- Early indications are that the deaths of 13 deer in north
east Otter Tail County don't appear to be linked to chronic wasting disease,
a Minnesota Department of Natural Resources (DNR) spokesman said.
- The DNR received a report last week from 2 landowners
southwest of Menahga that 12 deer had died in a concentrated area, said
DNR regional wildlife supervisor John Breyen of Bemidji. Those deer had
decomposed too badly to be tested for a cause of death, but one more deer
died and the DNR removed its head and sent it to the University of Minnesota
to be tested for chronic wasting disease (CWD).
- The landowners who contacted the DNR about the deer said
the animals had been emaciated before they died. But Breyen said a couple
of factors suggested that the deer did not have CWD, an infectious disease
that attacks the brains of deer and elk. The deer were anemic, which can
be one sign of CWD, but they also exhibited other signs not consistent
with the disease such as black, runny droppings, Breyen said. Also, all
the deer were found in a small area, which would not necessarily be consistent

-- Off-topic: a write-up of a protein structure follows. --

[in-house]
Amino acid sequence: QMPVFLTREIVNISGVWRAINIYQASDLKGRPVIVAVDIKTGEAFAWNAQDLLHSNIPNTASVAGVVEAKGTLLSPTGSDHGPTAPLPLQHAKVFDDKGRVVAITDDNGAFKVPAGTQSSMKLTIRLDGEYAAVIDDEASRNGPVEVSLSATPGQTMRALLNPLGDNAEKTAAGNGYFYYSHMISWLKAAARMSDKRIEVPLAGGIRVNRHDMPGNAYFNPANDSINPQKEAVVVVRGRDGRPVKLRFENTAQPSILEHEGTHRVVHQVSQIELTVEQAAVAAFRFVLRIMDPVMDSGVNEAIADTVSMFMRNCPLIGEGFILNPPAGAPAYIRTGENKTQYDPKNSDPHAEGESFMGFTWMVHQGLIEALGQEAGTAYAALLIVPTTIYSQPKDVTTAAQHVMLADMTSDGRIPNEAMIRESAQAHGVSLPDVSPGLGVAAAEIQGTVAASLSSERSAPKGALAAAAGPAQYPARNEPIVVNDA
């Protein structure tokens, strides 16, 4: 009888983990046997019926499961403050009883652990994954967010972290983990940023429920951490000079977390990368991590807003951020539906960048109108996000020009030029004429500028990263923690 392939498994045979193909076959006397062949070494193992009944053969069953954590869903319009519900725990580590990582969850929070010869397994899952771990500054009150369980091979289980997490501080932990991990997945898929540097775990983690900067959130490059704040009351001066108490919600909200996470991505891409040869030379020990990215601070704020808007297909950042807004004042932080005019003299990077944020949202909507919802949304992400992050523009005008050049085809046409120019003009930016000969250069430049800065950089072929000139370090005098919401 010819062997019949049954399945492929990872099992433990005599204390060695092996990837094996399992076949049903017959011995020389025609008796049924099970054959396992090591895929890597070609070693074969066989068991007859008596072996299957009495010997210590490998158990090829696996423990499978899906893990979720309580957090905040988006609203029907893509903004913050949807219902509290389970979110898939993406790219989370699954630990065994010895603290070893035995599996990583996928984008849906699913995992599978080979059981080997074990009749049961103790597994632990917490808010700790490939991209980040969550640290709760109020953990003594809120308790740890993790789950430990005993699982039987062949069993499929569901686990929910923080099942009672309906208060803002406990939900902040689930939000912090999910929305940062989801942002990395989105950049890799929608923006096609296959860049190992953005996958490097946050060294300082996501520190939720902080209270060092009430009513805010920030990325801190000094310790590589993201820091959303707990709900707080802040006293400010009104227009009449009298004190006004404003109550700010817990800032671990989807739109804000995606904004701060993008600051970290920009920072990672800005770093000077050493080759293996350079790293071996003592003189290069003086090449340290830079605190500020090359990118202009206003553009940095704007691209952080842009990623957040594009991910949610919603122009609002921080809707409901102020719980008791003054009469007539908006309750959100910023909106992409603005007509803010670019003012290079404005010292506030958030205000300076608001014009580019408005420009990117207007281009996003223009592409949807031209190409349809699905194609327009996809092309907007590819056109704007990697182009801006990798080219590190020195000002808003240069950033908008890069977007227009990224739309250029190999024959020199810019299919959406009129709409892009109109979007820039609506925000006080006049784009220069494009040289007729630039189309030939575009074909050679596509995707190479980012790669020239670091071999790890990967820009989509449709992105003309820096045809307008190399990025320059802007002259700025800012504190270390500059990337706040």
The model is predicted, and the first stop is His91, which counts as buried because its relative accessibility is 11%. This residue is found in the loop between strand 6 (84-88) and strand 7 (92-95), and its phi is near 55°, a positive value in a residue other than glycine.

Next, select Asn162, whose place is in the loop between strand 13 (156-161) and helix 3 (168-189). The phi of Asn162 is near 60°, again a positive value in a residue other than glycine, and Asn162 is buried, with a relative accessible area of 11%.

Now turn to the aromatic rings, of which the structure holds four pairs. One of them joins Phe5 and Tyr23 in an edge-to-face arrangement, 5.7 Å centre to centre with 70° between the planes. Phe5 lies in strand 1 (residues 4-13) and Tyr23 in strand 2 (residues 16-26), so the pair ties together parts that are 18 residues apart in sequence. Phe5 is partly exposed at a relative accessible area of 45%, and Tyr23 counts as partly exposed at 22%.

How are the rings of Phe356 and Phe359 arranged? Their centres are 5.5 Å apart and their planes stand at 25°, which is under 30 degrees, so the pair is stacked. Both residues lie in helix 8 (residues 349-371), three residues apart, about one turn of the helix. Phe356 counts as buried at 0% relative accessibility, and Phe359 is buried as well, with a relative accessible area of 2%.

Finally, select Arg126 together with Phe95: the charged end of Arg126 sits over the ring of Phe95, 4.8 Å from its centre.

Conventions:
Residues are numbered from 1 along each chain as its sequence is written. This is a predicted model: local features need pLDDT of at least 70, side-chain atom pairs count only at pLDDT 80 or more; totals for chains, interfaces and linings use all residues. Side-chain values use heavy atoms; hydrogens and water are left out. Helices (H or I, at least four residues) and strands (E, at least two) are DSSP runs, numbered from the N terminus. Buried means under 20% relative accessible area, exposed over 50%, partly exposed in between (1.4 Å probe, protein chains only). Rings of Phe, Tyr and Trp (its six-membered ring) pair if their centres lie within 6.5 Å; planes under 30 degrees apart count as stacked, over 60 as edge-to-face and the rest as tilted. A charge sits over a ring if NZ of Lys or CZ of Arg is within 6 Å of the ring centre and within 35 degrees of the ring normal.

with CWD, Breyen said.
- Because the deer all died in such a limited area, Breyen
theorized they could have eaten some tainted food such as moldy corn. "It
was a very, very isolated area," Breyen said. "That leads us
to believe it was something they got into."
- The DNR will collect more deer from the area for testing,
Breyen said. DNR personnel from Detroit Lakes and Park Rapids were in the
area Tuesday night hoping to shoot some animals, and several landowners
have been authorized to do the same. Breyen said the DNR would like to
collect 5 deer, but 2 or 3 would be sufficient.
- The entire carcasses of those deer will be sent to the
University of Minnesota for necropsies. CWD has been at the forefront of
DNR testing efforts for the past couple of years, ever since the disease
was found in a single captive elk on a farm near Aitkin. The disease has
never been found in the state's wild deer population.
- In the fall of 2003, the DNR tested nearly 10 000 deer
harvested by hunters. No positive tests were found. The test sample included
328 deer taken from hunting Zone 411, which is adjacent to the area in
Otter Tail County in which the 13 dead deer were found.
- Typical signs of CWD include drooping head or ears, poor
body condition, tremors, stumbling, increased salivation, difficulty swallowing
or excessive thirst or urination, according to the DNR website.
- This many deer in an apparently small areas does not
seem to be CWD, and it seems it is too early in the season for epizootic
hemorrhagic disease. - Mod.TG....mpp/tg/pg/sh
- Patricia A. Doyle, PhD Please visit my "Emerging
Diseases" message board at: http://www.clickitnews.com/ubbthreads/postlist.php?Cat=&Board=emergingdiseases
Zhan le Devlesa tai sastimasa Go with God and in Good Health